‘I just checked out that dumpster, there’s not much in it,’ noted Sylvester Stallone in much delayed super-hero movie Samaritan, yet another film from 2020 eventually finding an audience in 2022. Like many of this year’s recent releases (Top Gun: Maverick, Death on the Nile, The Man from Toronto) Samaritan was originally due back in 2020, but the pandemic had other ideas, and so Stallone’s film now drops directly onto the Amazon Prime streaming service rather than cinemas currently starved of the popular content they need. Developed by Stallone’s Balboa production company, it’s a proper cinema release tailor-made for the star, and despite some critical raspberries, it’s anything but rubbish.
The main character is a kid, Sam Clearly, played by The Umbrella Academy’s Javon ‘Wanna’ Walton. He’s growing up in the hardscrabble Granite City, where crime is everywhere and Sam’s poor mother (Dascha Polanko) struggles to make rent for her family. Crime is a temptation, although the bullying Cyrus (Pilou Asbæk) doesn’t offer much choice. Sam’s best hope is the mysterious Joe Smith (Stallone) who lives in a nearby apartment. Could old Joe turn out to be the near mythic figure of the Samaritan, who once fought off the deadly threat Nemesis? Smith isn’t talking, but events conspire to reveal his true identity…
In terms of non-franchise films, Samaritan is Stallone’s first leading role in a decade, adapted from a script that was then reworked as a graphic novel. It’s largely focused on the growing relationship between the boy and Stallone, which is familiar but has a welcome small-scale. With Stallone turning out to have the super-powers the boy suspects, his absurd indestructability as a super-hero is fairly much in line with the gung-ho way that Rambo turned out. Director Julius Avery does manage to give the film a uniquely grimy, poverty-row look, with rain-soaked streets and abandoned buildings giving with to a large-scale and suitably fiery finale.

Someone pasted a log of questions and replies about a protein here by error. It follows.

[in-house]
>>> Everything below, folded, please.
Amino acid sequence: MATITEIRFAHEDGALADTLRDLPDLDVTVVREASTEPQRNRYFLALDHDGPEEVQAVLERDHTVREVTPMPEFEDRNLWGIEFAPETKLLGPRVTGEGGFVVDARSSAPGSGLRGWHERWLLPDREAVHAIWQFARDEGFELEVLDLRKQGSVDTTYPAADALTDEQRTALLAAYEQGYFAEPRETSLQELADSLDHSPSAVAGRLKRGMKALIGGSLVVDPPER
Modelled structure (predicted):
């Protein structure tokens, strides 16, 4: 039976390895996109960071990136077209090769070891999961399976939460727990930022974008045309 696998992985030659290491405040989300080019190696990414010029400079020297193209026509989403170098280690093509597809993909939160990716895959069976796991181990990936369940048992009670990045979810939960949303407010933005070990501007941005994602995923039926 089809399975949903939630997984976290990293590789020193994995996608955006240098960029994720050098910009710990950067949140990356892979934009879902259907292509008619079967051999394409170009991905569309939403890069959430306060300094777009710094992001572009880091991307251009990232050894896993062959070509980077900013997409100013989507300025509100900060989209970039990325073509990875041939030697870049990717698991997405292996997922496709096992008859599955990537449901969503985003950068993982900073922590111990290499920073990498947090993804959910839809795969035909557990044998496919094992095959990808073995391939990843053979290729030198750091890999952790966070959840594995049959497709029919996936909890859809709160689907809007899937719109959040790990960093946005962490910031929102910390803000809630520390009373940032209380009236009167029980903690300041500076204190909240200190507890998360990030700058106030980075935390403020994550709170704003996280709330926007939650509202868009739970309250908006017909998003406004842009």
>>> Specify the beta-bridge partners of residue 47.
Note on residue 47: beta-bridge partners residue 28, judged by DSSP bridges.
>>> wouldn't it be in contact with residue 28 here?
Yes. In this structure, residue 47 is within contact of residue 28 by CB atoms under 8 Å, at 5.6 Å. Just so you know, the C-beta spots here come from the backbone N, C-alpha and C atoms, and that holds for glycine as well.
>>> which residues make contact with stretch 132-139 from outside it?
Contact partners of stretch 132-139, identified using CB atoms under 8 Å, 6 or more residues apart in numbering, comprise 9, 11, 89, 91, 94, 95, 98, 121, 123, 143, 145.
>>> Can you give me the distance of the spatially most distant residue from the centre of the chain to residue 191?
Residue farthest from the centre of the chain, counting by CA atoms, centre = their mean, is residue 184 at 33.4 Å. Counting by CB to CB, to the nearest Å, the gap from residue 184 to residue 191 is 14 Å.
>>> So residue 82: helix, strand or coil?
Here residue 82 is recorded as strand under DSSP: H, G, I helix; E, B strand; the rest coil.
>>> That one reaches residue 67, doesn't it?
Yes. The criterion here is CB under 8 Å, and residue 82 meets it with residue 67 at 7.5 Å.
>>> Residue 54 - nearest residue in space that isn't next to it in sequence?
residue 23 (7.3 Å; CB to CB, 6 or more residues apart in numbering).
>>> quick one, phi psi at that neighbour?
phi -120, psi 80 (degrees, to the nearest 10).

Samaritans’ crowd-pleasing curtain-call for Stallone, who has been making action movies for nearly 50 years now, may be diminished by missing out on big screen exposure and being reduced to casual home viewing, but it’s far better than the trailer suggests, and that’s predictably because of Stallone’s still-got-it performance. ‘I’m a troglodyte’ he announces after pouring fruit juice into his cornflakes; there’s always been something endearingly daft about the kind of touches that Stallone brings to the tone of a film, and Samaritan has just that daffy quality. Fudged, abstract politics reflect that Samaritan was filmed during the Trump presidency, but the film’s reluctant hero somehow catches a cultural wave as a kind of Shane for the Dark Brandon era. For fans, the action and one-liners will be enough, but Samaritan gains depth from our on-going interest in Stallone as a star, and packs the requisite star action to get pass marks.